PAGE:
While its popularity is slowly growing internationally, particularly in the U.S., it is falling quickly in Japan, where saké is more often seen as the beverage of the grandparents’ generation and not as cool as libations like whiskey or wine.
“To be honest, nobody cares about the rice polishing percentage or how it was made—it simply needs to be delicious,” another Japanese buyer tells Yachan. “That’s all that matters in the end.”
Barring the intrepid workers who spend six months elbows deep in Koji rice, there may be no one more passionate about saké than Timken, a self-proclaimed “saké sort of savant” and saké "warrior.”
Born and raised in the U.S., Timken was introduced to saké while attending business school in South Africa, and he’s become a crusader trying to spread the spirit across America ever since.
“I just love saké. I love what it is, and when people taste saké, it sells itself,” Timken says. He ticks off the selling points: It has a third of the acidity of wine (a good quality for people with reflux issues), it’s generally pasteurized so it doesn’t contain sulfites, it’s low in histamines, not to mention much kinder to its drinkers the next day.
He blames part of the struggle on “immature customers” who aren’t always as willing to take the time to try different varieties of saké and understand them as they are with other spirits like tequila.
Still, popularity is growing in the U.S. Timken is opening his first saké bar in July and is planning to expand the True Sake experience to other cities after that.
In addition, there have been several craft saké breweries popping up in places like Berkeley, Portland, and Texas. While not yet at the level of Tedorigawa, a brewery that’s been in business since 1870, they are making better products every year, according to Timken.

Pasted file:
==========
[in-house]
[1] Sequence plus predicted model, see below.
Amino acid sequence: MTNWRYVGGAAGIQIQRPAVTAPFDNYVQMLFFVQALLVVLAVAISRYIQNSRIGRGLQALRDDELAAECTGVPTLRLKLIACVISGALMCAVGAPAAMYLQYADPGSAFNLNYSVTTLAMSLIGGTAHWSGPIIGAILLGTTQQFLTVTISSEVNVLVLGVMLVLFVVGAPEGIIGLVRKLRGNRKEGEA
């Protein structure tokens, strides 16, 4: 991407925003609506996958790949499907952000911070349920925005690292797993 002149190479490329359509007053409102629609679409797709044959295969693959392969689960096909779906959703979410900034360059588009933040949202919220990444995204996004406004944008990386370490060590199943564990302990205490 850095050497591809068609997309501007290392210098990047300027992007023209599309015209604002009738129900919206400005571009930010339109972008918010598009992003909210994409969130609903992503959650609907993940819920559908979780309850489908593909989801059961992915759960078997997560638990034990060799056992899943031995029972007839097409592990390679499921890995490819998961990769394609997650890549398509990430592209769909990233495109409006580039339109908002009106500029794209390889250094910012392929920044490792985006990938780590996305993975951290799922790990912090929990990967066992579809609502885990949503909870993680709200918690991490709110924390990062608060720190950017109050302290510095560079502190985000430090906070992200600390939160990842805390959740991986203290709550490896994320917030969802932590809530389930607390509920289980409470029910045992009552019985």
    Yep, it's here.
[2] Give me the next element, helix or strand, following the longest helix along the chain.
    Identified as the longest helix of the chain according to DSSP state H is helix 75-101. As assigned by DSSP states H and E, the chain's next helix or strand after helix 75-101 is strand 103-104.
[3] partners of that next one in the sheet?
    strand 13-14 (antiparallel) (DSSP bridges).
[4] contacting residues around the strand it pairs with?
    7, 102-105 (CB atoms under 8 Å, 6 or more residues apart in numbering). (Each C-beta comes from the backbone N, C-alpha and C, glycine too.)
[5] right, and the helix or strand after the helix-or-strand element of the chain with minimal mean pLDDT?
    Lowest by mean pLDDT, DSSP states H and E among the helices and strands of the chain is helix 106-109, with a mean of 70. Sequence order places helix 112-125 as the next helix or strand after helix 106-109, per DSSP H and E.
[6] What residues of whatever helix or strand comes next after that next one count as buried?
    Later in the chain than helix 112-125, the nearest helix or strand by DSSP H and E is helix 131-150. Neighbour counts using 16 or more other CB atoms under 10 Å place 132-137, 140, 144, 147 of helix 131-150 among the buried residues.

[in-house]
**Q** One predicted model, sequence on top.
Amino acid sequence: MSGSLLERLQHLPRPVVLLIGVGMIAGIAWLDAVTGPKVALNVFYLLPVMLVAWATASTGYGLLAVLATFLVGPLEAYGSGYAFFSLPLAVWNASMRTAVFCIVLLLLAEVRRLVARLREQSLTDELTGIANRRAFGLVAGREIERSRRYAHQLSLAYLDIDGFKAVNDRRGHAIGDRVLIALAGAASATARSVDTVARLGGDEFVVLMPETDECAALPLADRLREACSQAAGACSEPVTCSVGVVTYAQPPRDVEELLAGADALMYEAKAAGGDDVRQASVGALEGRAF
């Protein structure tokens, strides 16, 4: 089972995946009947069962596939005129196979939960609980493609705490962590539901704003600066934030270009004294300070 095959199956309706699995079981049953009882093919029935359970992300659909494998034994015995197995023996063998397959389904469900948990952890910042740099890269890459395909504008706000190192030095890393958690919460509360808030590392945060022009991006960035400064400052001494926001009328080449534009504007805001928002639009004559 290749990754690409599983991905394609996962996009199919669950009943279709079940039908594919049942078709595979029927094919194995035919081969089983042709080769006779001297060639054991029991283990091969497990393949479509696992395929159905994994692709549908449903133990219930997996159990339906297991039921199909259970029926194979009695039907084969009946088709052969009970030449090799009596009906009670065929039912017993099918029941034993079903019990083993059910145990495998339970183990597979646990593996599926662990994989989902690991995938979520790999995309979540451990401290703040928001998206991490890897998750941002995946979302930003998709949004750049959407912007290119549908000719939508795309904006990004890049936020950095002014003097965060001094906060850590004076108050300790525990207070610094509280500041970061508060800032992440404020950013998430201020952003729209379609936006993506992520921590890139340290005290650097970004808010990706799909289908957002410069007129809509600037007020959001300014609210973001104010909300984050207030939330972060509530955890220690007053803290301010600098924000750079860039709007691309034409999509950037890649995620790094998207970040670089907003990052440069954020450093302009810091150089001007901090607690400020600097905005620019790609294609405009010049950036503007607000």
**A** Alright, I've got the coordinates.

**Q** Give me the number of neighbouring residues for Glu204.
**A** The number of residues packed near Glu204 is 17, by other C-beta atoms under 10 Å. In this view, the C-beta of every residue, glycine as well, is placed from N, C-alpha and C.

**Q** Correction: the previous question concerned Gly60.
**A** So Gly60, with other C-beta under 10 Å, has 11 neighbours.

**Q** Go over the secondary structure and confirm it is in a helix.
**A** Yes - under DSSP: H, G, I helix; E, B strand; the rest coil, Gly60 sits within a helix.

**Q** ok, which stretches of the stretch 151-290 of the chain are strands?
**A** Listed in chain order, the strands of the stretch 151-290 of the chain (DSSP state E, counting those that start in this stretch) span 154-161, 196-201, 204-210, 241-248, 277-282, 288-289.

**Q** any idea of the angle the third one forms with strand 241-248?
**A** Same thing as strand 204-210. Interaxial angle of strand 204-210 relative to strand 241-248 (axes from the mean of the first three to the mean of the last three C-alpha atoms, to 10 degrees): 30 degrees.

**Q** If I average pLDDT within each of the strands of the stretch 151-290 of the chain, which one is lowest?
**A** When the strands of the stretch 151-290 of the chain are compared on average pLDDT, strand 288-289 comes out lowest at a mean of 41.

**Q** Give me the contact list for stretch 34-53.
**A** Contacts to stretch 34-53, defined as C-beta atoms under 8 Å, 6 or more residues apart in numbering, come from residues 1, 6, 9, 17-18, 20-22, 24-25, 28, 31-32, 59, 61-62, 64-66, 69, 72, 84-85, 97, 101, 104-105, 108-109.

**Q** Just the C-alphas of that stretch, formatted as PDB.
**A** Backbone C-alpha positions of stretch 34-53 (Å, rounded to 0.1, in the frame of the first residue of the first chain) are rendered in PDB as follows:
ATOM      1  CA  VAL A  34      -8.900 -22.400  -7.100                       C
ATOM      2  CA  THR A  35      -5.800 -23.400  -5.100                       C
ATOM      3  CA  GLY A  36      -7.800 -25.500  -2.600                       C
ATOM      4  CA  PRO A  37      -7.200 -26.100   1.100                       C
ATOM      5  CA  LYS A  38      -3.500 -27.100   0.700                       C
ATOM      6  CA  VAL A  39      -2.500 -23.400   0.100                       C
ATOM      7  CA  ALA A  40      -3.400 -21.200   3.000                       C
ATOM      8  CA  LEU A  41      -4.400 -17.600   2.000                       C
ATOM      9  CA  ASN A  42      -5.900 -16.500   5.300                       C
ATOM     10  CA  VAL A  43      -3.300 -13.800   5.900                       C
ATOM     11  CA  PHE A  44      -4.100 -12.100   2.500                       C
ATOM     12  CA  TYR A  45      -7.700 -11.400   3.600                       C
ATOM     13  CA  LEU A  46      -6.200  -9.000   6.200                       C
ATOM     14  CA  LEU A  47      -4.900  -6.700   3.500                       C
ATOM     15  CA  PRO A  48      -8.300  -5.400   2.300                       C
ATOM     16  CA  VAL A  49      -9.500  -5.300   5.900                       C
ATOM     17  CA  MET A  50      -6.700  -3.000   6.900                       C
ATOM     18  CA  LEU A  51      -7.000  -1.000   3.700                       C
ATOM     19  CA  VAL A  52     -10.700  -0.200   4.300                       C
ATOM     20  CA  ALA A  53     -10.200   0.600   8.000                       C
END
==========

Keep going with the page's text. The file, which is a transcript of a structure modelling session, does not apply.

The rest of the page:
Timken’s goals befit his passion for the drink. He says when he opened True Sake in 2003, the first dedicated saké store outside of Japan, he told the head of the Japanese Brewers Association, “One day, I want to make saké so popular in the West that it will boomerang back in Japan, and young Japanese will say, ‘Oh God, this is our beverage. We want to love this and cherish this too.’”
He says he “can’t die until there’s a saké on every wine menu at a restaurant.”
While Timken acknowledges it’s not quite there yet, slow strides are being made. And given the quickly growing popularity of small-batch craft spirits and the revival in artisanal production processes, it’s hard to imagine that saké doesn’t have a chance to join the Rye Whiskeys of the world.
In all its quiet beauty, The Birth of Saké will leave you in awe of the men who have dedicated their lives to coaxing the best product out of their rice. (Women also work in the breweries and serve as Tojis, although none worked on the Tedorigawa team during this season.)
It will also leave you with a sense of hopeful urgency for the survival of the small saké brewers—not to mention an immediate need to run out for a glass of the good stuff.
As Yamamoto says, “The next generation will not be able to survive unless we continue to make great saké.”
The Birth of Saké shows tonight, Friday, Saturday, Thursday 4/23, and Sunday 4/26. Screening details here.